|dc.description.abstract||There is growing concern over online privacy in today’s digital worlds, in part due to the nature
of social media, which encourages the disclosure of personal information. Such concerns have
resulted in a significant amount of research;; so far focused on adults’ and teenagers’
perceptions of privacy and privacy management.
This study aims to explore how children perceive online privacy. It addresses three research
RQ 1: What are children’s views of online privacy?
RQ 2: What are parents’ views of online privacy? Do their views on privacy influence how
they deal with their children’s privacy?
RQ 3: What are the benefits and disadvantages of different Internet parental mediation
strategies for children’s online privacy?
Twenty-six semi-structured one-to-one interviews and ten focus group sessions were
conducted with fifty-seven pupils aged 9 to 11 years old (Primary 6 and Primary 7), from one
school in Scotland. Additionally, 8 parents were interviewed to understand how their
perceptions of privacy influenced their Internet parenting strategies.
This study has three overarching findings. The first overarching finding is related to children’s
and parents’ views about the Internet as an unsafe place, occasionally leading parents to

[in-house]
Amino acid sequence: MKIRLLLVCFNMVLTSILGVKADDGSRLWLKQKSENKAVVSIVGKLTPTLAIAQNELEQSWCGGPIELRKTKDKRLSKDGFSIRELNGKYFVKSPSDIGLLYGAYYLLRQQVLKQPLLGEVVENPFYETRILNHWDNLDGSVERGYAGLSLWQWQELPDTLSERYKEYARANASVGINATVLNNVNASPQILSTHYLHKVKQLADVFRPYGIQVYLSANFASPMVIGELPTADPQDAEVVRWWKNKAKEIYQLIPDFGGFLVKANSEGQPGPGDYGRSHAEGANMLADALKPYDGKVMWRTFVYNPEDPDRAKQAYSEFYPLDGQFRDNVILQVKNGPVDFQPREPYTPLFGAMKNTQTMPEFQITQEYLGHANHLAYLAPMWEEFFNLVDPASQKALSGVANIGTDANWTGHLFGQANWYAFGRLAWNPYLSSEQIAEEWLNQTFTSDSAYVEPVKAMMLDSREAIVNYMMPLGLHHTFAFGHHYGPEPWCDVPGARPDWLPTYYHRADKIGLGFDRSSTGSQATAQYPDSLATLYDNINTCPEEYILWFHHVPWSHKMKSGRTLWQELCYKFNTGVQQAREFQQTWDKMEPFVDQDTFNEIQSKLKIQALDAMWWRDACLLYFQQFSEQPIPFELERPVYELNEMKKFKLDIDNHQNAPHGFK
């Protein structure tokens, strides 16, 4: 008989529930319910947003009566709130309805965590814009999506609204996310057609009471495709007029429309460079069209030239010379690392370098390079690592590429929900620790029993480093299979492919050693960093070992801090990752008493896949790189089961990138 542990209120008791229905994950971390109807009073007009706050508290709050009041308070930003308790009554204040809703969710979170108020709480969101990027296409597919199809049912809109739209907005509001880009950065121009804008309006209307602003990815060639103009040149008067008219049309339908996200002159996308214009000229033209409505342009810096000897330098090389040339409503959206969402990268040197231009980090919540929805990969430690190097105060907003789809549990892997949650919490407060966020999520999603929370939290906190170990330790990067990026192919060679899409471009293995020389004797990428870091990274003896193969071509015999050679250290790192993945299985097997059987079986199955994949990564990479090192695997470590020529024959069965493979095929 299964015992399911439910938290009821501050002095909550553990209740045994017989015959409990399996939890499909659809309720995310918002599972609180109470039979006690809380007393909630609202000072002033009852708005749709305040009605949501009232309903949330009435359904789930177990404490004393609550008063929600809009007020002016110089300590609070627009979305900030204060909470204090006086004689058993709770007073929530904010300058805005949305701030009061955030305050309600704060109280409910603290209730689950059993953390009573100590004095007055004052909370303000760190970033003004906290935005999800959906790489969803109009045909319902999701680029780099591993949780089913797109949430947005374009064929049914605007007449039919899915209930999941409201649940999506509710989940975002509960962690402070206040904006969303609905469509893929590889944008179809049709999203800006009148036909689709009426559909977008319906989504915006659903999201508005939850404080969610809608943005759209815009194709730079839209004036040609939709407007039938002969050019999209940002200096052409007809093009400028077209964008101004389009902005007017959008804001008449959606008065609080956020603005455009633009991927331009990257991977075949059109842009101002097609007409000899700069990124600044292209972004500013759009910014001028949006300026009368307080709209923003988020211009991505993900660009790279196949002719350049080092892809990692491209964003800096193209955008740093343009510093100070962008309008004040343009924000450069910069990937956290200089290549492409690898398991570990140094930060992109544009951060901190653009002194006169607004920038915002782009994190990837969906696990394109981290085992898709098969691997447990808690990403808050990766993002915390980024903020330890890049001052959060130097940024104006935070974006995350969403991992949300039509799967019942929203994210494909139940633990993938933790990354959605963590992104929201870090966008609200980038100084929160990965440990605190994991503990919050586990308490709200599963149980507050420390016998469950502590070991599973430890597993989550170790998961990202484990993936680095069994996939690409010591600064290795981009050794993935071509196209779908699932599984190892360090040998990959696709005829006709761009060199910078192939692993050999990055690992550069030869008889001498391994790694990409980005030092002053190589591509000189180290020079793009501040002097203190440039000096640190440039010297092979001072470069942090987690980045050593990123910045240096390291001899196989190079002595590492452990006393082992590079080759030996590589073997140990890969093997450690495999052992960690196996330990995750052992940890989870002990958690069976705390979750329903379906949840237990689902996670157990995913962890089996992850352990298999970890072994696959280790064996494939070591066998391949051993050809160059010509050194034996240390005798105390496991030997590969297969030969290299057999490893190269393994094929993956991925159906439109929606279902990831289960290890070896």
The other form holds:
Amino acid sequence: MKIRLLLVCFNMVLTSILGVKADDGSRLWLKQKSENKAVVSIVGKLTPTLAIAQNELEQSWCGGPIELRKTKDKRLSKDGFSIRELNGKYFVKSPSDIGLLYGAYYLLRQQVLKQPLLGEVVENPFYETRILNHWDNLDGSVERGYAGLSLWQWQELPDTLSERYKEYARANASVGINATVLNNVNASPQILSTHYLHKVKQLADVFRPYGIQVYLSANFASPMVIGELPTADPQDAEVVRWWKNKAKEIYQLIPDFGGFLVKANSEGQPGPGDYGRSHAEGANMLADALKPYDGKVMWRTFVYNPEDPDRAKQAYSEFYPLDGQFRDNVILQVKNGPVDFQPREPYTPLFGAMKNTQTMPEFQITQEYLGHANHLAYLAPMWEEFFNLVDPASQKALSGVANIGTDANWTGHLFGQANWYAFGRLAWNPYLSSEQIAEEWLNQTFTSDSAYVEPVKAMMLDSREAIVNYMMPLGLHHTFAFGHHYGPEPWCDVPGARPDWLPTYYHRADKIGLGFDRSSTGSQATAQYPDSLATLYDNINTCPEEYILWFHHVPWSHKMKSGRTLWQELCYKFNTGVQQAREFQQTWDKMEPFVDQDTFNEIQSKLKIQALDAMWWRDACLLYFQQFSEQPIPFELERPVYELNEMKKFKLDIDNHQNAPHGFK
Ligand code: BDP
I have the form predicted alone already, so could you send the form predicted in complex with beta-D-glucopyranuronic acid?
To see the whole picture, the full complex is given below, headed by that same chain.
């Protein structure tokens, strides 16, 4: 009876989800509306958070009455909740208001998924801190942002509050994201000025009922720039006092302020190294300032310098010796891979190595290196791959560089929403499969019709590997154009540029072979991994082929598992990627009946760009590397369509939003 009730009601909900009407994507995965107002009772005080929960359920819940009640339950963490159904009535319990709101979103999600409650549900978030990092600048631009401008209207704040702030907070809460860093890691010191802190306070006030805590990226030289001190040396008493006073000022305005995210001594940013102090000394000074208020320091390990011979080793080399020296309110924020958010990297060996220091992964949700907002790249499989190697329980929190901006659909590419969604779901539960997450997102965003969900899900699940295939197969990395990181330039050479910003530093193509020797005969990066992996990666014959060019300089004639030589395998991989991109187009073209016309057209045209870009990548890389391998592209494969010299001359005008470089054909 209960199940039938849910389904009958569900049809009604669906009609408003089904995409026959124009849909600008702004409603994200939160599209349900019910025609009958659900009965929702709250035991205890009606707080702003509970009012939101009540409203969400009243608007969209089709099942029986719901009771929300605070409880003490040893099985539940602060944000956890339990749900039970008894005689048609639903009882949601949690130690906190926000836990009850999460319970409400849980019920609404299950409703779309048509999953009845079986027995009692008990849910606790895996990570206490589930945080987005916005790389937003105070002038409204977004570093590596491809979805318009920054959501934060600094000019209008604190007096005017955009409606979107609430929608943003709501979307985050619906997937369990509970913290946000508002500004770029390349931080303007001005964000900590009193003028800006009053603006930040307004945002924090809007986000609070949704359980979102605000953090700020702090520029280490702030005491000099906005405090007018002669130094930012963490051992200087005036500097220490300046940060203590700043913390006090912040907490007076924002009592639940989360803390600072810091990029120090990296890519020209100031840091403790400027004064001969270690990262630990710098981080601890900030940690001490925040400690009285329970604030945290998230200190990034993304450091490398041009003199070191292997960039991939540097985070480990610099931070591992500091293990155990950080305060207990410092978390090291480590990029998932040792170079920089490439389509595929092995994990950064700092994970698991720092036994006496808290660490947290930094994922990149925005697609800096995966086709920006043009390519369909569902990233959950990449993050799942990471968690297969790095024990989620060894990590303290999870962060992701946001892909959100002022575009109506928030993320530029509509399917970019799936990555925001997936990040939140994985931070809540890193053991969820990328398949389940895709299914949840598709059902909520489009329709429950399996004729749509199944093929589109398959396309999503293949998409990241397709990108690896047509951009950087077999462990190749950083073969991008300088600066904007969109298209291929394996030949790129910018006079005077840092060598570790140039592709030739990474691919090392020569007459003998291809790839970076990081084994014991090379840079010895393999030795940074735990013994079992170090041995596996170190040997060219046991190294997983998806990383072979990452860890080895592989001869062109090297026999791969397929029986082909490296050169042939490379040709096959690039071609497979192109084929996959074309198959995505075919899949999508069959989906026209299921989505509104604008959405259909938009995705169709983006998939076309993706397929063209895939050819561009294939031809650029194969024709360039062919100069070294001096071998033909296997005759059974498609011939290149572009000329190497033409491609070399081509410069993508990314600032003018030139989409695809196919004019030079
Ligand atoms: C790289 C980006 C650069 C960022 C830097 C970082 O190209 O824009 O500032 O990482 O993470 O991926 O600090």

deploy restrictive and monitoring Internet parental mediation strategies. Second, children view
privacy as more difficult to achieve online than offline for two main reasons: (1) the Internet is
a ‘bigger space’ populated by a massive number of ‘people’, most of whom they do not know
nor have they ever seen (‘strangers’), and (2) there are certain difficulties in managing the
privacy settings of social networking sites. The third finding is that trust, autonomy and privacy
are interrelated. Trust reduce privacy concerns, encouraged for two-way information sharing
between children and parents, with an expectation that parents will be able to help identify
potential and also unexpected online issues, and necessary advice and safety precautions
can be taught to children. As a result, children will potentially be able to manage their online
activities in an increasingly autonomous way. Trust is important not only in interpersonal
relationships, but also for building confidence for contexts in which we do not have any prior
knowledge, such as with strangers or with the providers of online platforms.||en